Slide 72

So I retreat from the laptop web experience and go mobile. My first port of call is my phone’s app store but there’s nothing I can find. This is not a bad thing as it does allow all flavours of today’s smartphone market to reach Friday-Ad. I go to www.Friday-ad.co.uk and the site notes I’m on a mobile browser and redirects me to the mobile site. This is good. Again, it knows I’m in the UK and this time, unlike on a laptop browser I’m offered a use current location option.

Slide 73

I click through the phone’s warning and I can see that the mobile site now knows where I am. Good.

Slide 74

Not let’s find that MacBook Air. OK. There’s nothing in my local area. Let’s refine the search. Oh, I see. The default is within 10 miles. So I tap the little “x” to remove the distance and tap go.

Slide 75

Still no results. But I found my MacBook Air on the non mobile site. So I tap refine search and then the penny drops. I need to tap refine search, remove the distance constraint, and then tap on refine search again. Really?

Slide 76

So eventually after some experimentation, I find my MacBook Air. And the social element, well if I scroll down I can tweet or like this ad. At least I think it’s that ad. Once again there’s absolutely no context here at all and if I want to do something with Google+ which is on the main site, well I’m out of luck,

Now I want to re-iterate this was a critique and not a criticism. Friday Ad has a business built around local content and local content with a strong and intuitive way of allowing people to interact with it. Friday Ad has a mobile presence as well and one which works intuitively and simply, leveraging browser detection to offer me the mobile site and geolocation. Friday-Ad also knows and uses the major social networks, but it’s this one piece of the puzzle which isn’t cohesive or intuitive for a non technically literate user to comprehend. But overall I think Friday-Ad does a pretty good job. Yes, there could be some more polish applied but overall the key elements of social, local and mobile are all there, even if the fit isn’t a snug one in places.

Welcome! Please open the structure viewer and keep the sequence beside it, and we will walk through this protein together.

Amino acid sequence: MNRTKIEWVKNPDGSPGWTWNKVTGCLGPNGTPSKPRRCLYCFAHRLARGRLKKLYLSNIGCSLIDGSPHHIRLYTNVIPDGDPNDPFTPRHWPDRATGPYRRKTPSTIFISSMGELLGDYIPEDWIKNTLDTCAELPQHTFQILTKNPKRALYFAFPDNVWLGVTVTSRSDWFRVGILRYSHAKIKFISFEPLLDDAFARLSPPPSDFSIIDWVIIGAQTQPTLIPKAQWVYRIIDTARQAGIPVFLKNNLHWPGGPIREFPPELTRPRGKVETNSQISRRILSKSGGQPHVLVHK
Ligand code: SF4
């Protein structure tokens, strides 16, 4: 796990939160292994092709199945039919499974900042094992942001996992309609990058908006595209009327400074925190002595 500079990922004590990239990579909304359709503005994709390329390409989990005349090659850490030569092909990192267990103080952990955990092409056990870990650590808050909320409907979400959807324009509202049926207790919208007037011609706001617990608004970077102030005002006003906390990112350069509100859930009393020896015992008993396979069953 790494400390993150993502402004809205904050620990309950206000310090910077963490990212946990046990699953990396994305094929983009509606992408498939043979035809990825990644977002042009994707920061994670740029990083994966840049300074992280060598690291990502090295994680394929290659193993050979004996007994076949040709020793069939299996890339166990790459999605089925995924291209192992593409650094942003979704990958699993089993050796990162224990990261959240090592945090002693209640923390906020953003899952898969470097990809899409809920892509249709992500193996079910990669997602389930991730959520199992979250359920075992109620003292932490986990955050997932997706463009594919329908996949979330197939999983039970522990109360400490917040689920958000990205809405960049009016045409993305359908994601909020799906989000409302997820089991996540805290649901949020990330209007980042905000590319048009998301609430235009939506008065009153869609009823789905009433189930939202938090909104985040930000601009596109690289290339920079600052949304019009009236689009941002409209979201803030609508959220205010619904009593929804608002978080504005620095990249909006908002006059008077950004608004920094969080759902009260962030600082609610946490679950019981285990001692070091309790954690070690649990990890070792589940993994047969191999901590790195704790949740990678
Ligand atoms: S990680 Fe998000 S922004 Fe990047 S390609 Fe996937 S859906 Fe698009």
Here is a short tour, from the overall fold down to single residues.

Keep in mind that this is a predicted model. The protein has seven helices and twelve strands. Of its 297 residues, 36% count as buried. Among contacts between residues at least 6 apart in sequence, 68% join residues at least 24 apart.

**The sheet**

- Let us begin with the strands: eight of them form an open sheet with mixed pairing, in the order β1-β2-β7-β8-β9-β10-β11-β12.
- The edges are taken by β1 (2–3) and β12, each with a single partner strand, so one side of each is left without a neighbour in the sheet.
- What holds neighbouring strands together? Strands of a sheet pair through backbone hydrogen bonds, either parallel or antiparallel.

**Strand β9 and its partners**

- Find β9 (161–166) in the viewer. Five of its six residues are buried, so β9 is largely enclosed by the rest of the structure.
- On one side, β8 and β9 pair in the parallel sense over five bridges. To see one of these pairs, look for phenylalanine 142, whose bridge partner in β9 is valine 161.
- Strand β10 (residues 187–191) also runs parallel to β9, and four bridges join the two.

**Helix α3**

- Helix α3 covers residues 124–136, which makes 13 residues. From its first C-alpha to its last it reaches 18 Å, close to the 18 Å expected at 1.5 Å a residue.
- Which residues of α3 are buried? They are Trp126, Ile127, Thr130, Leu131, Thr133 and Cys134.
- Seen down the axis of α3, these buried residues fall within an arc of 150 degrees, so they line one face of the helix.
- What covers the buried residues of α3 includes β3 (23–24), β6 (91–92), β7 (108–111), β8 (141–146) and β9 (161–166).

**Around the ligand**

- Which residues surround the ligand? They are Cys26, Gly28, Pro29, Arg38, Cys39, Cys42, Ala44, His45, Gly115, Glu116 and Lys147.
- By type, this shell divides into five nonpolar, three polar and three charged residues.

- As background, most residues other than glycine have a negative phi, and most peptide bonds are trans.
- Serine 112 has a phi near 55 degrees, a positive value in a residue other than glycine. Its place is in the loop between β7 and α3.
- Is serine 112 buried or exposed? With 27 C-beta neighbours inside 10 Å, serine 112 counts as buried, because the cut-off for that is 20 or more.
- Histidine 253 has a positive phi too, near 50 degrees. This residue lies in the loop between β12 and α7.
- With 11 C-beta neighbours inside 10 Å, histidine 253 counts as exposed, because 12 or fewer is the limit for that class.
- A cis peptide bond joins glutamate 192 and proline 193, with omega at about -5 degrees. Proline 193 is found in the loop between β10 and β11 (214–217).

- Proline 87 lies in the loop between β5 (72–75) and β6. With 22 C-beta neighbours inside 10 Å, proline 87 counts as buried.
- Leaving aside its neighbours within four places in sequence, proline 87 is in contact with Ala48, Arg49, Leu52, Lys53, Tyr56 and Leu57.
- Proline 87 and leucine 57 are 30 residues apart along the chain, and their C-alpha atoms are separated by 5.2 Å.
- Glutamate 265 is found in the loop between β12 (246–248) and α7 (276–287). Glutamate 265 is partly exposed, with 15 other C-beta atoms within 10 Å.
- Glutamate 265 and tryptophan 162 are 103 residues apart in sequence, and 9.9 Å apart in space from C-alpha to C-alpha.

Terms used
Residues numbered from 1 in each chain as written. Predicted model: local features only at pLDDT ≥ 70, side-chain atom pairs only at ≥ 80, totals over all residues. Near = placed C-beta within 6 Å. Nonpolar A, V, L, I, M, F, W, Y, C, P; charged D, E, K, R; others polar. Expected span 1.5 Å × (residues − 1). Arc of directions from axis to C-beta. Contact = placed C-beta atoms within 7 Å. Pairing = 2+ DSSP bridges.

Slide 77

So please, do mobile and let your products and services break free of the desktop …

Slide 78

Do social and build a presence and community around your offerings …

Slide 79

Do local and bring local relevance to your content and to your audience …

Slide 80

But unless you have money to burn, don’t do SoLoMo just because you hear that it’s the current trend you need to be part of. It’s interesting to note that even as SoLoMo continues to be trumpeted as the next big thing that you have to invest in, there’s a buzzword compliant newcomer snapping at SoLoMo’s heels.

Slide 81

If recent commentary is to be believed, you now need to invest in ToDaClo … touch and data and the cloud.

Slide 82

Buzzwords do not make a successful business, service or offering, and I leave you with the ultimate buzzword offering, which Schuyler Erlse sprung on an unsuspecting audience at FOSS4G recently.

Slide 83

Thank you for listening.